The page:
Early Game Access at Barnes & Noble
Two hours before release of the last Harry Potter book, I looked through the locked doors of Barnes & Noble at the crowd outside. There were three or four hundred people already. We expected 150.
One of them bumped against the door, pressed by the mob behind him. A fellow employee looked at me and asked, 'Did you see Lord of the Rings
'Yeah,' I said.
'Remember when the orcs arrive at Helm's Deep?'
'Yeah,' I sighed.
He went back to his register. We had five. Management decided to open two.
The doors opened a few minutes later and the orcs massed around the registers to purchase red raffle-style tickets to be used to get their books at midnight. The lines were slow and people streamed into the store, past our one manager on duty, who stood on a chair.
I brought out the first box of books. People stared. Our manager called out numbers, which no one could hear, and the crowd moved in. Miraculously, they did not grab or push, but I handed out books to any outstretched hand without regard to purchase order. Other employees did the same at two other stations, but we had to pause to get each new box. By the time we locked up, it was after 3am.
The next day, I talked with an employee at another Barnes & Noble, 40 minutes away. They had six registers open - they converted the cafe into a distribution point - and had organized their lines before the doors opened, so everyone knew which of the six places to go for their books They hired a magician for entertainment and had black plastic glasses for kids. They had more
customers than we did, and they were done in an hour.
- 1) The experience of getting a product matters as much as the product itself.
Big events are a chance to gain a lot of customer goodwill. Or lose it.
- 2) Communication goes a long way.
Waiting is easier when you know what to expect.
- 3) Invest in your best customers.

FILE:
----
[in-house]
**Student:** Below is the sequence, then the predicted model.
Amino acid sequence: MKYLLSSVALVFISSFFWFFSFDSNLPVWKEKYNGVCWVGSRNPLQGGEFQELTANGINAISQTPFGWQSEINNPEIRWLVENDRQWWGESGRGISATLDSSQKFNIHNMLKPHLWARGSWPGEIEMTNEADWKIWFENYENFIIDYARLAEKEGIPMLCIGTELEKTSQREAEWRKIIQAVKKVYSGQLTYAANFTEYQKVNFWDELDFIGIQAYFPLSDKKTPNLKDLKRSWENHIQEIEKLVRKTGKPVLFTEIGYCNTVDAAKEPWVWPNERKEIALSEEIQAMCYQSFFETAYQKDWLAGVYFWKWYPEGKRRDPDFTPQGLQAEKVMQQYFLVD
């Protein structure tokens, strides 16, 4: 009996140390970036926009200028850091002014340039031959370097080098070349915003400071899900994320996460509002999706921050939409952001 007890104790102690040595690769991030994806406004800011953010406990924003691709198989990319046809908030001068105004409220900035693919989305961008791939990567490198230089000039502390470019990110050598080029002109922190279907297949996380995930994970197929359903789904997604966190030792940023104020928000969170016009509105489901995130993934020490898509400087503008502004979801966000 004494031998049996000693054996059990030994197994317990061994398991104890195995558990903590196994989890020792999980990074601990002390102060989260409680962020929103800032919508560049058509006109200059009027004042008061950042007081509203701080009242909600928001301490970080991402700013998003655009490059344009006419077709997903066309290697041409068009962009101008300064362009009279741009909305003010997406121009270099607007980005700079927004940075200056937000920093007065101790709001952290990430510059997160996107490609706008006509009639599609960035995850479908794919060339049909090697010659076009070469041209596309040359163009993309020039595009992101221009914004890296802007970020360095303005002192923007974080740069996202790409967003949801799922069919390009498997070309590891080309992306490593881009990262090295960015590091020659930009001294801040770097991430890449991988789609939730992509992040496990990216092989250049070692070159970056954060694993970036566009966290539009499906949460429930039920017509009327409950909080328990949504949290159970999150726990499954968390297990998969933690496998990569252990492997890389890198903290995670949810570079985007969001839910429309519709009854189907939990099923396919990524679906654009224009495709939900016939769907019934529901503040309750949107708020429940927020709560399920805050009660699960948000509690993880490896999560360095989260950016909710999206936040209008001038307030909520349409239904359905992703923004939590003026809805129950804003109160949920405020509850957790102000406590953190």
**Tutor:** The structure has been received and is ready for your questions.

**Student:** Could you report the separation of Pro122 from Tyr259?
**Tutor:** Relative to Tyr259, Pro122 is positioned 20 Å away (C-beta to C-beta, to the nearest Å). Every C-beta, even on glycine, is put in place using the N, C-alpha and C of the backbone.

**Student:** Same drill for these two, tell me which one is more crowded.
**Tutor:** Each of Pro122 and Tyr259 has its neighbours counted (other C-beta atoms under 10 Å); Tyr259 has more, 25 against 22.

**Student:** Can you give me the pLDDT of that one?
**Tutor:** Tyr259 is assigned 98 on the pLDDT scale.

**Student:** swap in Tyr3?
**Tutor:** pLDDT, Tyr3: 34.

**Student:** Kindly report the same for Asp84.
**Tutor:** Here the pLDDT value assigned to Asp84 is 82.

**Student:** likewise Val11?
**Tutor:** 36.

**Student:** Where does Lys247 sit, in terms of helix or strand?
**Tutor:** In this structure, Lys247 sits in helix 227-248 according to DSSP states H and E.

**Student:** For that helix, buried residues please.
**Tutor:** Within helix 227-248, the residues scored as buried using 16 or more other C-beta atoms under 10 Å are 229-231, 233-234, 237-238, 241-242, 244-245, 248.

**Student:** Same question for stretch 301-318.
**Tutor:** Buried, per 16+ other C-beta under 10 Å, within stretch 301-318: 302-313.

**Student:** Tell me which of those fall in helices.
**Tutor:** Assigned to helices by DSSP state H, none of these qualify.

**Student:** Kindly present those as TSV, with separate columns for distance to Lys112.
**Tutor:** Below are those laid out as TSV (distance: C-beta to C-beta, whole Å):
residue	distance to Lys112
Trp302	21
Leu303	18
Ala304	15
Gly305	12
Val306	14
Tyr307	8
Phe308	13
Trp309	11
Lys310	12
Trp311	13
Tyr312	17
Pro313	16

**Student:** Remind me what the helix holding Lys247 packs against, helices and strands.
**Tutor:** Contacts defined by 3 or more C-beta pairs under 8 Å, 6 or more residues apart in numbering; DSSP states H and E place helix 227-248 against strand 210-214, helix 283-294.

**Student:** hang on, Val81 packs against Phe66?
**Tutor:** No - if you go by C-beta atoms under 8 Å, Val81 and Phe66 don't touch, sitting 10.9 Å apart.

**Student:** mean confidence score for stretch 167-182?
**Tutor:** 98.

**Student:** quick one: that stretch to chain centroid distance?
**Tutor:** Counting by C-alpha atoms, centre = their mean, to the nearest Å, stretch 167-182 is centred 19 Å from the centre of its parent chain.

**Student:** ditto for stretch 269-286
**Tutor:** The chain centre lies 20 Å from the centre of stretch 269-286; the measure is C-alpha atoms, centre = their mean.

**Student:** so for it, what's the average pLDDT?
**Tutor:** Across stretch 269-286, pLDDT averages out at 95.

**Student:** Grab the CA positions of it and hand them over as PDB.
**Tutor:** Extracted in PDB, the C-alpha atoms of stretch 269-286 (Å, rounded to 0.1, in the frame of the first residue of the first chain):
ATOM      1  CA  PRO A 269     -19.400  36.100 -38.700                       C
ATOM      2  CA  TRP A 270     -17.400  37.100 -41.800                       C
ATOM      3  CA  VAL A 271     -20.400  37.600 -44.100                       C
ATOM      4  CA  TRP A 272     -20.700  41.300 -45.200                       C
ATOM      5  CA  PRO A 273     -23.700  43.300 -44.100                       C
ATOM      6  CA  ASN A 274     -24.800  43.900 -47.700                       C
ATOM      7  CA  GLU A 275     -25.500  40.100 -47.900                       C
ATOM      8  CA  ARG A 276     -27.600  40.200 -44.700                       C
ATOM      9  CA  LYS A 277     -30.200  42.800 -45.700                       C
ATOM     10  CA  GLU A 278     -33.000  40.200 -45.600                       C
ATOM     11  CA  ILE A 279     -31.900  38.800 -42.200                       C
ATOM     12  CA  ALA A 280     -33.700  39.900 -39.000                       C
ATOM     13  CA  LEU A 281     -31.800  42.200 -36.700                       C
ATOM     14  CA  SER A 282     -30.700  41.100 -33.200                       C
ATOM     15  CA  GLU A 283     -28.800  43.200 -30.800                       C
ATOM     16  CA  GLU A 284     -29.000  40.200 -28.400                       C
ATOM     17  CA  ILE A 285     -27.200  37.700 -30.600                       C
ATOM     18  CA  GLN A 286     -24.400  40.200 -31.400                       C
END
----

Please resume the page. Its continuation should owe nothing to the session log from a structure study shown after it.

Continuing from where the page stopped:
The other store had more employees for the shift, but they finished faster and processed fewer complaints (they did have one, from a guy who wanted the cafe to be open). They even got a nice spot on the local news - good PR, lots of satisfied customers
Launch and Early Game Access at Bioware
It's a little late to worry about lesson 1). My heart goes out the product managers for SWTOR (my wife was a product manager for Sierra/Vivendi), but there's nothing so inherently challenging about launch that can't be a time to gain goodwill from players. Rely on lessons 2 and 3.
Lesson 2: communicate, even about delays. That doesn't mean Tweeting/Posting that you just sent more invites, since that doesn't help anyone know when to take off time from work or arrange to meet a friend in-game.
Announce the days for the next blocks of early game access. We'll wait, without wondering how much more we have to wait.
And how about Lesson 3, treating your customers well? That one is as simple as ever: reinstate the grace period.
While it's no grand tragedy to wait out a week, those waiting for physical delivery of the game, including all Collector's Edition players, naturally want to play with others they know who can.
The problem is so easy to avoid. Don't require game codes until Dec 30th.
Show your customers you respect not only their purchases but their time. We're not orcs - tell us exactly when we can play, and we'll be there.